Have you thought about how you would fund a second degree? There’s no student finance available for nutrition/dietetics as a second degree if you study full time. If you can find a part time course then you would normally be eligible for funding as there’s part time funding for a stem second degree available.
From what I’ve been reading recently that certain health courses are covered by the nhs and dietetics is one of them and plus you can apply for sfe because it’s a health course even if it’s a second degree
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PQ
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(Original post by Lovablegrande)
From what I’ve been reading recently that certain health courses are covered by the nhs and dietetics is one of them and plus you can apply for sfe because it’s a health course even if it’s a second degree
NHS recognised dietetics courses yes - food and nutrition no.
There's a very specific list of courses that are eligible for registration with HCPC and therefore exempt
https://www.hcpc-uk.org/education/ap...Size=25&Page=1
None of the funded courses are Food & Nutrition courses
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ChammyIRL
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(Original post by PQ)
NHS recognised dietetics courses yes - food and nutrition no.
There's a very specific list of courses that are eligible for registration with HCPC and therefore exempt
https://www.hcpc-uk.org/education/ap...Size=25&Page=1
None of the funded courses are Food & Nutrition courses
Also note, dietetics is a VERY sort after and competitive course. If you have no science background, specifically biology, then you might struggle and many universities are looking for individuals with some experience such as volunteering/shadowing.

If this is the route you want then maybe look at Dietetic Assistant jobs, as these normally only want a level 3 qualification and someone with a passion for food and health. After some time in this role you might then be able to look at an MSc in Dietetics and have a good chance of being accepted due to experience rather than previous study - in that time try get an A level in biology or some qualification in human nutrition as you will need it for science-based modules.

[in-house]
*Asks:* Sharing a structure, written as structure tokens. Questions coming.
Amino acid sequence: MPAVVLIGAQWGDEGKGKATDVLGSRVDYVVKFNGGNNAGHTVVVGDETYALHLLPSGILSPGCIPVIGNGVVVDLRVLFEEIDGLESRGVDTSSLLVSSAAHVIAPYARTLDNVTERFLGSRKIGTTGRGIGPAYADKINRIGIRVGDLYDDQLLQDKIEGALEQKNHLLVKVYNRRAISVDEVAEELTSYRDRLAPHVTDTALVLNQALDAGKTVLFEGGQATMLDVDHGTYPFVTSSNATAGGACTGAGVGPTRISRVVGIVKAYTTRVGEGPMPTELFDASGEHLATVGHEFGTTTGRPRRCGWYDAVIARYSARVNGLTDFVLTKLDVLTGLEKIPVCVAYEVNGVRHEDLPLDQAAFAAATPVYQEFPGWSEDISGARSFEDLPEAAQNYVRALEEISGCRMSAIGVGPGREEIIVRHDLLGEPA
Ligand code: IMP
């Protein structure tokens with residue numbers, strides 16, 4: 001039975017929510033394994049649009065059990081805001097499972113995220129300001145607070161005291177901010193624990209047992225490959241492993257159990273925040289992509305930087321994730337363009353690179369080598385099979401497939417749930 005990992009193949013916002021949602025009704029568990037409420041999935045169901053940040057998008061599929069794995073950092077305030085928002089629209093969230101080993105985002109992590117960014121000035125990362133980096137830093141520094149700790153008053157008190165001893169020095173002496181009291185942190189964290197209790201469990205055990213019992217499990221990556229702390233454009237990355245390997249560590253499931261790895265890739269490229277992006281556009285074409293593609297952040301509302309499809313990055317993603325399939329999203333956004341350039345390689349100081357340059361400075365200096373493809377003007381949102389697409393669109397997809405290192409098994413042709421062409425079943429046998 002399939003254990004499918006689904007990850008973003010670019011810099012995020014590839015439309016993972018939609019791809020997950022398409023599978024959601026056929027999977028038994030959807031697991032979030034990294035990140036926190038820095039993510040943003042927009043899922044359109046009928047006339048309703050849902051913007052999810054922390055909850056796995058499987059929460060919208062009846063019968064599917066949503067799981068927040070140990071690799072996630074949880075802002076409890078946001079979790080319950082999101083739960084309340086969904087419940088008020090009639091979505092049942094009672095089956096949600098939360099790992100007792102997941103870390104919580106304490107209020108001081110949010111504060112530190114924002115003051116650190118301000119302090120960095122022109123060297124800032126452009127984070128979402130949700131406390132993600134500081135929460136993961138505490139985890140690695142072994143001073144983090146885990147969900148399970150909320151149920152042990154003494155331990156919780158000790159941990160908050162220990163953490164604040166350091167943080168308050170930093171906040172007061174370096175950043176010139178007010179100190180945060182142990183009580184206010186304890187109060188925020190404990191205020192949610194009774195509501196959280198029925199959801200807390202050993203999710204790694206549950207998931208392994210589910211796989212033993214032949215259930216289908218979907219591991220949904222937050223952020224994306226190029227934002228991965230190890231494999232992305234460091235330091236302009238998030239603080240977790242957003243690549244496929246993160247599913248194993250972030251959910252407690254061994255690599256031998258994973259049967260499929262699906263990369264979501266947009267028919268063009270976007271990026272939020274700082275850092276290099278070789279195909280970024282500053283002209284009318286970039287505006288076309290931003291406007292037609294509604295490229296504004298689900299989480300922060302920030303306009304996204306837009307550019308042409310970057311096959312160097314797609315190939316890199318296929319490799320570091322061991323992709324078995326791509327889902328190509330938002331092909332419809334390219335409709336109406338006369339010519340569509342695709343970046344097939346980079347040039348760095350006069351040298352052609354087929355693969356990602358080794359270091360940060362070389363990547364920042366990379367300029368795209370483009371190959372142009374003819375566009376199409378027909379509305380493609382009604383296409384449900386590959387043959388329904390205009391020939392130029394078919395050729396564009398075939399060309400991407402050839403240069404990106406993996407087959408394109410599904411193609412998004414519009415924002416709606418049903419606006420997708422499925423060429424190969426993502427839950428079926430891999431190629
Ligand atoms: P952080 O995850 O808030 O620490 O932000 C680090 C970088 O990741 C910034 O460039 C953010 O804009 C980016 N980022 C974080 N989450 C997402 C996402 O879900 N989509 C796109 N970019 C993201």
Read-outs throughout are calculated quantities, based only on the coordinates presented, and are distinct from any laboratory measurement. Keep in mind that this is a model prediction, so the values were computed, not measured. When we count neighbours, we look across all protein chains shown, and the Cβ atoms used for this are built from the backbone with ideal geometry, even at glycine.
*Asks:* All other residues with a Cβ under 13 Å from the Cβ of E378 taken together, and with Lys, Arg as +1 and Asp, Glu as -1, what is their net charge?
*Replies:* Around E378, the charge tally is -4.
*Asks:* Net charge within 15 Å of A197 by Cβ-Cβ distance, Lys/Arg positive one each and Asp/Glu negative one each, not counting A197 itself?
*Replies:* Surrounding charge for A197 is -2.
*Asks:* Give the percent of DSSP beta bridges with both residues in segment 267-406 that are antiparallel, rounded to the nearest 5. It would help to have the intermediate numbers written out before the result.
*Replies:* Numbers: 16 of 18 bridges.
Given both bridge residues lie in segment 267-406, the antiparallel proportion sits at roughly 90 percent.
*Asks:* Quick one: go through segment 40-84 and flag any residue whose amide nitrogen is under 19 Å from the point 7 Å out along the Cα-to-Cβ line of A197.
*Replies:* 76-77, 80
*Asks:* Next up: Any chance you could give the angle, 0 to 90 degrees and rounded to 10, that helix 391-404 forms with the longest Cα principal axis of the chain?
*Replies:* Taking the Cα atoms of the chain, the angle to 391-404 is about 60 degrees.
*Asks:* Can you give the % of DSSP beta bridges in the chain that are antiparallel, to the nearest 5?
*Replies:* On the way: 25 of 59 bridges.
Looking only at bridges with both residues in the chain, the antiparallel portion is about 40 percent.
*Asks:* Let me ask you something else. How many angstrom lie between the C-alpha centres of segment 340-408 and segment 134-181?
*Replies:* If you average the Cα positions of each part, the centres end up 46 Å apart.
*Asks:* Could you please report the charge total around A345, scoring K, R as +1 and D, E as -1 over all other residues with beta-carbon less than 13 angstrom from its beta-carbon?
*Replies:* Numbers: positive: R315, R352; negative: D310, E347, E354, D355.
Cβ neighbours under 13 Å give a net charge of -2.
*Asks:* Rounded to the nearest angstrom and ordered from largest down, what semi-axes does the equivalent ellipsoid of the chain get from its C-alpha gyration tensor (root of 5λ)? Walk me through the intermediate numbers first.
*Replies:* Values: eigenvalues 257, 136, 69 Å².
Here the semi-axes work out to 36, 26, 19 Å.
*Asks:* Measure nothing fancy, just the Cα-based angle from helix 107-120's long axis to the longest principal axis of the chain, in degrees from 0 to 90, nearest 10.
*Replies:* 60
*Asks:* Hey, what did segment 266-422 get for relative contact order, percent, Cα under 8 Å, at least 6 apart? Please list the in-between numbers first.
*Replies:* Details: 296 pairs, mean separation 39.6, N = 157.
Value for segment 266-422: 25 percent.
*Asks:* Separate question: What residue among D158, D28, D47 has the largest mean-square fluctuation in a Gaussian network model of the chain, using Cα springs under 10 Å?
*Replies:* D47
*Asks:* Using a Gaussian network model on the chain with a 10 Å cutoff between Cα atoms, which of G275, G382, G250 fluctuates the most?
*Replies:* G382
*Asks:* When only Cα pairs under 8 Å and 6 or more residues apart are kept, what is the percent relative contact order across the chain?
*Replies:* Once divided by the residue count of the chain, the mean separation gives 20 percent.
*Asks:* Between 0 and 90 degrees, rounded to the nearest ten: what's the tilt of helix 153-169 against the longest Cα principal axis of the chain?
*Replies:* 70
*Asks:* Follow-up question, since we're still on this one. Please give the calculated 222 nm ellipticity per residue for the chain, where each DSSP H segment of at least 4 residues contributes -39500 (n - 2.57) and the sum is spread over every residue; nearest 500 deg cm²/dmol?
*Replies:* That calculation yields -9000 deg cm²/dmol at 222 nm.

Hope this helps.
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Lovablegrande
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(Original post by ChammyIRL)
Also note, dietetics is a VERY sort after and competitive course. If you have no science background, specifically biology, then you might struggle and many universities are looking for individuals with some experience such as volunteering/shadowing.

If this is the route you want then maybe look at Dietetic Assistant jobs, as these normally only want a level 3 qualification and someone with a passion for food and health. After some time in this role you might then be able to look at an MSc in Dietetics and have a good chance of being accepted due to experience rather than previous study - in that time try get an A level in biology or some qualification in human nutrition as you will need it for science-based modules.

Hope this helps.
How would I be able to take an A level again? Are there any recognised online A level courses?
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ChammyIRL
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(Original post by Lovablegrande)
How would I be able to take an A level again? Are there any recognised online A level courses?
You can look at local colleges to see if they offer them to older students or privately through online colleges. There is a chance that it will cost you to study these, I looked at them as I was thinking about going into studying as a biology teacher and they wanted me to have an a-level despite having my degree. This is why I suggested it alongside work, so it is affordable.